China's rapid growth in recent years has sparked various ways for investors to cash in. One fund manager says he is starting to look at global consumer stocks as a way to invest in the mainland.
Paul Gambles, Managing Partner of financial advisory firm MBMG Group told CNBC that while commodities such as oil, gold and commodity-related stocks have been a successful way to invest in China in the past few years, he has now turned to "global stocks, global franchises, global brands that are listed outside China".
He likes U.S. listed stocks such as Yum Brands and Caterpillar , which despite being American companies, derive a large part of their revenues from China. "Yum Brands gets two-thirds of its revenue from outside the States these days, the biggest part of that is in China," he said.
Gambles argues that investors would be better off investing this way because China still remains a "very closed market in terms of finance" and it is "not ready to import huge amounts of capital" as it tries to curb hot money flows.
In addition, he said China's "command economy" was not desirable for investors. "You don't want to be investing somewhere where your return on capital is largely controlled by the government."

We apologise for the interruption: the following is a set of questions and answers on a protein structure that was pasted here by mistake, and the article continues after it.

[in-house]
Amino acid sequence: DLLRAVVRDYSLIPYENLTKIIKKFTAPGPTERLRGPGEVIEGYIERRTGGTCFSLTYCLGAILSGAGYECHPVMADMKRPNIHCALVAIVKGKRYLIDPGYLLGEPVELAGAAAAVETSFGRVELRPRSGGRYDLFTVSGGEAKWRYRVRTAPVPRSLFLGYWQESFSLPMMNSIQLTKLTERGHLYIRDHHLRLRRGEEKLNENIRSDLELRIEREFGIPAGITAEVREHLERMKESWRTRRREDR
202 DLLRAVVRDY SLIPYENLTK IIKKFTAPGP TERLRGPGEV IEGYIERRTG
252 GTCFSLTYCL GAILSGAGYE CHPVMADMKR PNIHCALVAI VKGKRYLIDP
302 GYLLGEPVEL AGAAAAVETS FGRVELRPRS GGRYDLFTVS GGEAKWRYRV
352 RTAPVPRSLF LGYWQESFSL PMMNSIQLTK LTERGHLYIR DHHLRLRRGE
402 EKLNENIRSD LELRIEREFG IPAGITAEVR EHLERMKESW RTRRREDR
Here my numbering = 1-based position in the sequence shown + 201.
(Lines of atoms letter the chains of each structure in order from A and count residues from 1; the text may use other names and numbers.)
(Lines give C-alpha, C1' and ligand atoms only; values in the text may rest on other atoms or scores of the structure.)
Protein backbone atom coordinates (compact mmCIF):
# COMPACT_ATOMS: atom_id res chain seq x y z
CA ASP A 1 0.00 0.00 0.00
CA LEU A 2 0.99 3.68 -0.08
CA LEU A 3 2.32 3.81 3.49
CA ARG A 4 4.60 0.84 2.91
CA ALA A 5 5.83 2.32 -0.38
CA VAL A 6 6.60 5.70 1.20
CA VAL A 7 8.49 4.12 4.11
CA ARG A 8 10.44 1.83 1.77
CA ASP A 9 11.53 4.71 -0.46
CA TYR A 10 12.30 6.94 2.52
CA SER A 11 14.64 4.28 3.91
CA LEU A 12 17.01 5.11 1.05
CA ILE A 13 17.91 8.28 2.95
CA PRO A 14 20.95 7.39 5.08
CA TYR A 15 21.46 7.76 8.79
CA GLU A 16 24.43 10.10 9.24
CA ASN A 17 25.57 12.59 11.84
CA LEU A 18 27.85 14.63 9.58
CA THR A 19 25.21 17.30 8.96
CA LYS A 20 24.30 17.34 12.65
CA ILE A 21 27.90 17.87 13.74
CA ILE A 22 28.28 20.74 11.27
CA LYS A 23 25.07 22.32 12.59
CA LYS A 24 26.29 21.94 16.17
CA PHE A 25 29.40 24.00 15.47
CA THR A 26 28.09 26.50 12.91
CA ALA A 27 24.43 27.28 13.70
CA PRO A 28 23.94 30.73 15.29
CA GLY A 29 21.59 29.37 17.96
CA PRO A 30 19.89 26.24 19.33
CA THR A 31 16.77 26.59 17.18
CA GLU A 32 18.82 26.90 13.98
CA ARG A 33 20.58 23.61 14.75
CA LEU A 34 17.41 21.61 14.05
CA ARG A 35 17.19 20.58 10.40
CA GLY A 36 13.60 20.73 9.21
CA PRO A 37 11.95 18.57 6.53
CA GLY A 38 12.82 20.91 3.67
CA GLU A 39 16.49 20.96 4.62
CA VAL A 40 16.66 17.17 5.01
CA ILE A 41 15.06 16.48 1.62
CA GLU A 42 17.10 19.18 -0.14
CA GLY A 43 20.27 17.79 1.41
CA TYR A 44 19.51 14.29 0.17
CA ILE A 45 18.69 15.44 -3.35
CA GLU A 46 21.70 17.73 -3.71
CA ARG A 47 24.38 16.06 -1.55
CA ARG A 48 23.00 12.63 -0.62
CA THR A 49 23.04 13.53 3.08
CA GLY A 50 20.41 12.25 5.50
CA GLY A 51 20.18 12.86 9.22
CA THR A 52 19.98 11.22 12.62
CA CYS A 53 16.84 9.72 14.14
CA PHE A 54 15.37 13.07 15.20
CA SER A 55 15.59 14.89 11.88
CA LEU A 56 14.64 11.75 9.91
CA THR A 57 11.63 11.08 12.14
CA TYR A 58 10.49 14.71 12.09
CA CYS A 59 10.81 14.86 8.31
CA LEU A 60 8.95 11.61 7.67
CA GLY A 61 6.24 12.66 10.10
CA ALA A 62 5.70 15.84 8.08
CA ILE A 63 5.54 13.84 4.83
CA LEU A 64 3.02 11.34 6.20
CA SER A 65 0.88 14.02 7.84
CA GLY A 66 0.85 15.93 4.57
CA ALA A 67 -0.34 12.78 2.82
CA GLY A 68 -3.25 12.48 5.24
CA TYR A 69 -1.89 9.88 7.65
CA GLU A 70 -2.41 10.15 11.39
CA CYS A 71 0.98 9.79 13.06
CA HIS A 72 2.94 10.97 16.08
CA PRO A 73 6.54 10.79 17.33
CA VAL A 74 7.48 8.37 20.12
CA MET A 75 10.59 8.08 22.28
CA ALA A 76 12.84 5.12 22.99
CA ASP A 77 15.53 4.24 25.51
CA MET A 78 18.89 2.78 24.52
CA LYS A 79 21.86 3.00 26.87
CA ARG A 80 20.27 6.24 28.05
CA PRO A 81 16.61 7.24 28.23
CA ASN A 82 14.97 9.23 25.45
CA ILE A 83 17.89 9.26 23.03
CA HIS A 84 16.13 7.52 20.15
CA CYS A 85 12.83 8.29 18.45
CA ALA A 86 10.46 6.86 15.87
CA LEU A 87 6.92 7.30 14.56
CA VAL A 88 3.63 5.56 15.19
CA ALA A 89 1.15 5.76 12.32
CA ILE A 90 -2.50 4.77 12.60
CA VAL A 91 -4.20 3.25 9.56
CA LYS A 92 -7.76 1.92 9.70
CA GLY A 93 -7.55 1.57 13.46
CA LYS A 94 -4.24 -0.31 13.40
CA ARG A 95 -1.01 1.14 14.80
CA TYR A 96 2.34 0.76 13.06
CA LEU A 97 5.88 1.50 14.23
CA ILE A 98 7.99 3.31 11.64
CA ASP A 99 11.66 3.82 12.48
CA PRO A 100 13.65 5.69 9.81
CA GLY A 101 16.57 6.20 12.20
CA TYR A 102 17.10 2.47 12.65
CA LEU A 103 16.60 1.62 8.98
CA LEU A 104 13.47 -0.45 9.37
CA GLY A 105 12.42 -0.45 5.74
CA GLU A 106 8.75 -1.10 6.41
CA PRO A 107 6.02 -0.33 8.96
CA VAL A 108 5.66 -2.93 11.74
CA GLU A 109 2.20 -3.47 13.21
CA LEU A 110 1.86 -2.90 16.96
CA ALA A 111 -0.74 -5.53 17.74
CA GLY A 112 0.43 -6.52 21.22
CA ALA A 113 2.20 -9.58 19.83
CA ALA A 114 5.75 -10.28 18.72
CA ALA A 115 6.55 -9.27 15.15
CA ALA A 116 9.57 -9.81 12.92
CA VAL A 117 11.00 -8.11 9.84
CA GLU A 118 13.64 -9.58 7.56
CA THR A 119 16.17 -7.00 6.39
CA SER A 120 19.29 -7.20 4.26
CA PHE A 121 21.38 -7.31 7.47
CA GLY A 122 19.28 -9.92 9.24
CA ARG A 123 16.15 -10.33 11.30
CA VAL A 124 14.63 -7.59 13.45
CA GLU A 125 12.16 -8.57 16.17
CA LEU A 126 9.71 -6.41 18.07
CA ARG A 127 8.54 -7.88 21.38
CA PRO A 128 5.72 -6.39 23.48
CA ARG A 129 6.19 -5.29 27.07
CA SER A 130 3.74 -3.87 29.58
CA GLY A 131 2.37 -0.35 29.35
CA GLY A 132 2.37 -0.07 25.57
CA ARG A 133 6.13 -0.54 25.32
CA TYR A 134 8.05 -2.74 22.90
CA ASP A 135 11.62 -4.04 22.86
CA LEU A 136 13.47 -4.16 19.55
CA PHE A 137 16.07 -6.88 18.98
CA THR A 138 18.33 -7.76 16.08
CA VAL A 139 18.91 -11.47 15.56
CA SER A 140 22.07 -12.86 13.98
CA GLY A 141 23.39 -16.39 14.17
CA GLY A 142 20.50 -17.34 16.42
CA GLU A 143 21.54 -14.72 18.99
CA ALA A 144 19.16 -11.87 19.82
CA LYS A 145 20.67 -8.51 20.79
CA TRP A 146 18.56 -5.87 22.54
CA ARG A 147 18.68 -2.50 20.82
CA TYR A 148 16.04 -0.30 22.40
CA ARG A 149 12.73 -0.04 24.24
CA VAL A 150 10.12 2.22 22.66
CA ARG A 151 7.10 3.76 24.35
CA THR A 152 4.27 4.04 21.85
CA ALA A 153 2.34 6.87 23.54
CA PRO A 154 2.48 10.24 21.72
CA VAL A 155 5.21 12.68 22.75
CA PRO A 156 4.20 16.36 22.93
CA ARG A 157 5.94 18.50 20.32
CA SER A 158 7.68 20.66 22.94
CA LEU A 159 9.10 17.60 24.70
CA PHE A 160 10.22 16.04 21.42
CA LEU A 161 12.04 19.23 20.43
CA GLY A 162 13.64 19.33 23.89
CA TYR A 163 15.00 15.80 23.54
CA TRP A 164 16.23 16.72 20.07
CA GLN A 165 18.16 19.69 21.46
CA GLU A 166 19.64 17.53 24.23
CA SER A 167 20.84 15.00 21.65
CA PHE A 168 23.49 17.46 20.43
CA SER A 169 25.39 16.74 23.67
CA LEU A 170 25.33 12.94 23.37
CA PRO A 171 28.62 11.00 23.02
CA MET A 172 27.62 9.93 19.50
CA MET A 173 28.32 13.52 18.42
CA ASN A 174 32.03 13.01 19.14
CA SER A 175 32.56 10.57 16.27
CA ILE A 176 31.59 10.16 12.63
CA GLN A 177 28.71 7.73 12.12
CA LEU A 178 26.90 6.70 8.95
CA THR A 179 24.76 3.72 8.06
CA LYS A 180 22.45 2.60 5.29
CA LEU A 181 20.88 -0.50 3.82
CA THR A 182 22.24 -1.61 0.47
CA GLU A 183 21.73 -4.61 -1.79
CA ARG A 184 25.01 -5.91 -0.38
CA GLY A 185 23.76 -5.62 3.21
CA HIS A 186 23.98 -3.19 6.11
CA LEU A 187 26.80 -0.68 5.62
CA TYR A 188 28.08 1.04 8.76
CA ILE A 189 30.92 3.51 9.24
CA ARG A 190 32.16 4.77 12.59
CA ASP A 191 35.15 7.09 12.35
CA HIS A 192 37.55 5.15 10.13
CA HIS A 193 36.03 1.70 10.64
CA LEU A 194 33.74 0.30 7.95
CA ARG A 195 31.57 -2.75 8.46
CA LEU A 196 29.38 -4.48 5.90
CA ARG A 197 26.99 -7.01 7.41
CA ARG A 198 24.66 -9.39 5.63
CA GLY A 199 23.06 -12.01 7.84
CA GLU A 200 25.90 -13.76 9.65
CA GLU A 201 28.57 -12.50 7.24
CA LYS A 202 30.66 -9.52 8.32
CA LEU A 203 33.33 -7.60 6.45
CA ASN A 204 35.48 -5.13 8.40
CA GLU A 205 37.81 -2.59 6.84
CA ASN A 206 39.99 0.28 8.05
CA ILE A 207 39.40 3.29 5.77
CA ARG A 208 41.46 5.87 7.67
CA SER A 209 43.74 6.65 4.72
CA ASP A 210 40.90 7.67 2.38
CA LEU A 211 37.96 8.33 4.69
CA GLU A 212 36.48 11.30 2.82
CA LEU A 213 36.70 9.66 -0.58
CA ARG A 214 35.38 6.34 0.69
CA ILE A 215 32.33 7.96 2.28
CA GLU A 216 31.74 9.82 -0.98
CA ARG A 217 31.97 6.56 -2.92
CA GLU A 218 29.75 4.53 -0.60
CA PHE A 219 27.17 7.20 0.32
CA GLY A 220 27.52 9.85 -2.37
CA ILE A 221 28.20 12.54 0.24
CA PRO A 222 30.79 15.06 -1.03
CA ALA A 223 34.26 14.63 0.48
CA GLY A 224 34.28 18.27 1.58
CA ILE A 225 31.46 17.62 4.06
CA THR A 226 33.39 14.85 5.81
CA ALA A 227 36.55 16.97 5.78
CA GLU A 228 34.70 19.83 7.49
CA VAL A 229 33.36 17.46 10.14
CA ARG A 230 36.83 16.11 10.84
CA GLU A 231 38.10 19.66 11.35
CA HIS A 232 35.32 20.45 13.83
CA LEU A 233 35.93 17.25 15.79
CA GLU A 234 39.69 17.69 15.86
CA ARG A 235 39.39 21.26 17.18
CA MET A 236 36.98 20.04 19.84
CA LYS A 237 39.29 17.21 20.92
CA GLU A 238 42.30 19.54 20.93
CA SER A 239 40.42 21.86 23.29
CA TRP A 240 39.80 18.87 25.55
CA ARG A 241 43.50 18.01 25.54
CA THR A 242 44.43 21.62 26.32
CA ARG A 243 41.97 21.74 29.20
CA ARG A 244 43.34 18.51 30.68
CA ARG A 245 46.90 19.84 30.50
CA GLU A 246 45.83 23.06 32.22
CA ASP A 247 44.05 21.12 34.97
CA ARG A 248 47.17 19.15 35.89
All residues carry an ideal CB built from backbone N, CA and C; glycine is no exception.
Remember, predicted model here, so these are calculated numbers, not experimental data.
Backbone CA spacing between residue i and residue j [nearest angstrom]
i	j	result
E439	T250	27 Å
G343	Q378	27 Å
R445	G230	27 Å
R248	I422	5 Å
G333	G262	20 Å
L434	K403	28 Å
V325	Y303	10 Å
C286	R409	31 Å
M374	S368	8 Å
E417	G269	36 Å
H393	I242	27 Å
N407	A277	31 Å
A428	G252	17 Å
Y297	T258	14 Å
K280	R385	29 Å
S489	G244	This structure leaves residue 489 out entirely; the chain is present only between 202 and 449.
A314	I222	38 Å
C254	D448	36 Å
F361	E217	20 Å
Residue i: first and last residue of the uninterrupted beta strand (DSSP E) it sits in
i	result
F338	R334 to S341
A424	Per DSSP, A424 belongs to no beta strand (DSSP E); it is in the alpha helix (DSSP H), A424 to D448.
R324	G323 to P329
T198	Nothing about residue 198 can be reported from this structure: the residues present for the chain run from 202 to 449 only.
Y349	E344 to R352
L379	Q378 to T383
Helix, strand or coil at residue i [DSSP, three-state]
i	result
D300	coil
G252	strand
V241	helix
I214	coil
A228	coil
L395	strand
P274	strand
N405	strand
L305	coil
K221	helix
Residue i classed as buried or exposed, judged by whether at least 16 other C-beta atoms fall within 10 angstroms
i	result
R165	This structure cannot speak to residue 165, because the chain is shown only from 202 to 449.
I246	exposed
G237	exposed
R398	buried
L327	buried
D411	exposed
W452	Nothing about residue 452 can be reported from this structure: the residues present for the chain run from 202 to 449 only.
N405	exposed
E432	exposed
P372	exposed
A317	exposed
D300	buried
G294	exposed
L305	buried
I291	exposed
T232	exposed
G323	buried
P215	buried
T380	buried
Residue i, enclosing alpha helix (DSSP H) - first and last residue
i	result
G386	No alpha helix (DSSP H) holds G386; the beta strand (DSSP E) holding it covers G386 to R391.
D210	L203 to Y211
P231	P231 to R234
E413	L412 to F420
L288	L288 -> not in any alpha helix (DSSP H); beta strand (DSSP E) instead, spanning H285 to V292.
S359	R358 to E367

As such, "direct ownership of Chinese stocks and Chinese assets is something that is very difficult for foreign investors to get a decent return on right now," he said.
Michael Kurtz, Head of Regional Strategy at Macquarie Securities, agreed with that view. "China is still very gradualistic in terms of how much foreign portfolio capital its allowing into the domestic share market."
Kurtz points out higher wages will not just be beneficial for consumer stocks as China's population spends more, but also for capital goods and machinery stocks.
"Higher wages (are) going to create incentives for Chinese companies to begin investing in more capital intensive technology. In other words, you raise the capital to labor ratio by adding more automation, factory equipment, factory controlled technology," Kurtz explained.
He recommends names such as Siemens in Germany, and Fanuc, Omron or Mitsubishi Electric in Japan.
Disclosure: Paul Gambles does not have personal holdings in Yum Brands or Caterpillar. MBMG Group does not have direct holdings in these 2 companies.
Michael Kurtz and Macquarie Securities do not have holdings in Siemens, Fanuc, Omron and Mitsubishi Electric.